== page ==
Final Score: I spent a good 18 months listening to this album trying to figure out if it was really the masterpiece I thought it was from the first listen. In fact, I am drawn more to this album as time passes. It has the perfect balance leaving the listener simultaneously sated, yet wanting more. No element completely dominates or submits. Tasteful and artistic. 5 stars.
Exivious debut album it seems to me that has carried along the best in Allan Holdsworth (IOU), Tribal Tech (idem) and the obvious Cynic spirit. As one flows along the album musical ideas, it appears that it never gets old and can find a way to be surprised by the next track, it indeed takes us to what we might call "unexplored paths" in the mainly cliché metal scene. It feels like a finished idea, nothing let loose or random in its way. It seems to me that this album might be like a drop of oil on a papper sheet. It permeates it all.
It will not come as a surprise that Exivious follow in Cynic's footsteps, since their founder, guitarist Tymon Kruidenier, is also a member of the ground-breaking 'jazz-metal' outfit. Unlike the US band, though, by writing vocals out of the equation they have removed one of the main hurdles for would-be listeners of the more extreme fringes of prog metal. Indeed, no matter how intricate or proficient a band's music may be, the use of growls (or any similar styles) can be a major turnoff for those accustomed to the more 'traditional' varieties of rock.

As is the case with most instrumental albums, "Exivious" requires careful listening in order to be fully appreciated. It is definitely not the kind of stuff you can put on as a soundtrack for other activities - complex music, full of twists and turns, yet not unnecessarily complicated, or weird for weirdness' sake. In fact, the music has a beautiful, natural flow, a clarity and melodic quality that not many would associate with 'extreme' metal. Even though guitars make up a prominent part of the sound, they never get to the point of overwhelming the other instruments. As in most jazz-fusion, however, the foundation of Exivious' sound lies in the rhythm section, especially in Stef Broks' jaw-dropping drumming.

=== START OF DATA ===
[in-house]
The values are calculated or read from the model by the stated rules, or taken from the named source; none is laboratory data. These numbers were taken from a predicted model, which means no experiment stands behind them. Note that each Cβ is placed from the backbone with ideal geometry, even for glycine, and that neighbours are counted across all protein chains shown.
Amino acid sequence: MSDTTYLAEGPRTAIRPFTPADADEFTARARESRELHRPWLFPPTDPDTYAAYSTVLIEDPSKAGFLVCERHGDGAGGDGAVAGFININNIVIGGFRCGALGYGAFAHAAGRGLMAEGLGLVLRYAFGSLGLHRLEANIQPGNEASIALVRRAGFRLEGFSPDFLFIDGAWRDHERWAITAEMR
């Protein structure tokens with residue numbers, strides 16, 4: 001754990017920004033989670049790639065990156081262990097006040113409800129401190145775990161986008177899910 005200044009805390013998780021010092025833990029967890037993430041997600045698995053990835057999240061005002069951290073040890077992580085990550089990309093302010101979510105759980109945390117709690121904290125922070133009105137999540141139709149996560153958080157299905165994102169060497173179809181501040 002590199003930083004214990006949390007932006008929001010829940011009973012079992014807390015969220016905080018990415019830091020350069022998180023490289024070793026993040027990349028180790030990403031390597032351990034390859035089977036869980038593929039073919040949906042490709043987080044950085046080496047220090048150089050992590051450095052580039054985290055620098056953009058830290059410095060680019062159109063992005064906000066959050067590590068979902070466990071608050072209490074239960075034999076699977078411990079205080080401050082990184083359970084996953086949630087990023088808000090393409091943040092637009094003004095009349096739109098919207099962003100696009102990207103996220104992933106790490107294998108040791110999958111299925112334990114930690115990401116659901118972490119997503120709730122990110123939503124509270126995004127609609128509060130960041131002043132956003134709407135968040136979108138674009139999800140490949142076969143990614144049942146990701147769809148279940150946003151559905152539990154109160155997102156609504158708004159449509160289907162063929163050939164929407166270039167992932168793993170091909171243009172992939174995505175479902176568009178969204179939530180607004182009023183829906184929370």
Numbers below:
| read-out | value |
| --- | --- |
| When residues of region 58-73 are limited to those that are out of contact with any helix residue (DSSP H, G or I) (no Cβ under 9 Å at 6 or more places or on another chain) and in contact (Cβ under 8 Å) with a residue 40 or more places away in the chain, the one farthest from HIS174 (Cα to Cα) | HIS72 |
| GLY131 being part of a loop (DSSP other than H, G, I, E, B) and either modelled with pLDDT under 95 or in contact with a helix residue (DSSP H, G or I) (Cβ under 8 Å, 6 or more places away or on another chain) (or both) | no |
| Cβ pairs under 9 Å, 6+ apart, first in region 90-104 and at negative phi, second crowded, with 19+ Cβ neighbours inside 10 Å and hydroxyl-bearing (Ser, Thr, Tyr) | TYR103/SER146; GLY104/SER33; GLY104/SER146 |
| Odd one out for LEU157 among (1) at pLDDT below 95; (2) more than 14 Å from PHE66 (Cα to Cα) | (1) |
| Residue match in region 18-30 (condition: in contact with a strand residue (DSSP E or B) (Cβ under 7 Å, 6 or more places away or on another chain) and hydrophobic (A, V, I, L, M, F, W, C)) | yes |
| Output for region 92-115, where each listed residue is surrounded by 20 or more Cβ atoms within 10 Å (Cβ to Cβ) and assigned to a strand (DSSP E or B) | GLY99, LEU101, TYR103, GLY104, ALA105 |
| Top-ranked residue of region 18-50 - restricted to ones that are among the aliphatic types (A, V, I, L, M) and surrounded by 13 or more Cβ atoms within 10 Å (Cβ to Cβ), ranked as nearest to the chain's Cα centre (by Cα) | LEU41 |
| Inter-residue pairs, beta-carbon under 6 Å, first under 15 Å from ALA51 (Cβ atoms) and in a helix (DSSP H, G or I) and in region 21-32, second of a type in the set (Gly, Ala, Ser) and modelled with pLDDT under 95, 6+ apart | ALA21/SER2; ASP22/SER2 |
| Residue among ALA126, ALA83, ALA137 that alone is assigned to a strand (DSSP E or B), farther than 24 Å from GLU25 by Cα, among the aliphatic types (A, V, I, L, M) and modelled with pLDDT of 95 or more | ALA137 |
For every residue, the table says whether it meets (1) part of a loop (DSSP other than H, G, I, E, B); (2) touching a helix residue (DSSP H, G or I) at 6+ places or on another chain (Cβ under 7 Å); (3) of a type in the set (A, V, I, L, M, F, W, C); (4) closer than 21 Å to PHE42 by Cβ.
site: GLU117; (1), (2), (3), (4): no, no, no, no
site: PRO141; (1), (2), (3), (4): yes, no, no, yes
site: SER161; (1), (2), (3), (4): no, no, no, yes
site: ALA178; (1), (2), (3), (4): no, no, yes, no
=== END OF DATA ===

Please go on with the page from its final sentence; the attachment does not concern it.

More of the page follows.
One of the plus points for "Exivious" is undoubtedly its short running time, which prevents music as intricate as this from turning into a mere exercise in technical prowess. Opener "Ripple of a Tear", the longest track at 7.30 minutes, shows evident jazz-fusion influences, with clean, almost relaxed guitar licks alternating with heavy, sharp riffs, and an arrestingly beautiful guitar solo. The second longest item, "Waves of Thought", shares in many ways the same 'rollercoaster' structure, shifting abruptly from aggressive riffing and soloing to an almost spacey mood, with keyboards echoing faintly in the background, sparse drumming and chime-like guitar sounds; while the heavily bass-led "Embrace The Unknown", with its extended synth guitar solo, comes across as an almost textbook-perfect example of 'fusion-metal'. Some other tracks impress instead for their understated, laid-back mood, namely both parts of "All That Surrounds", featuring some distinctive, water-like effects in the second half; and "The Path", with a beautiful, atmospheric guitar solo in the middle, and very little trace of the band's trademark, hectic riffing.

Head-spinningly complex without being cold and sterile as other efforts in a similar vein, "Exivious" can easily be listed as one of the top releases of 2009. In fact, the band's sterling musicianship, coupled with their admirable sense of restraint, focuses on creating cohesive, highly listenable tracks rather than pointless displays of technical skill. Strongly recommended to practising musicians and fans of intricate, challenging music, it may come across as daunting at first, but it is well worth every second of the effort. One of the milestone releases of 2009, bar none.

Ratings only

  • Peacock Feather
  • Lynx33
  • luanpedi
  • cannon
  • Xaxaar
  • harmonium.ro
  • spitf1r3
  • Anster
  • nauscicaa
  • sauromat
  • Negoba
  • Zarahuztra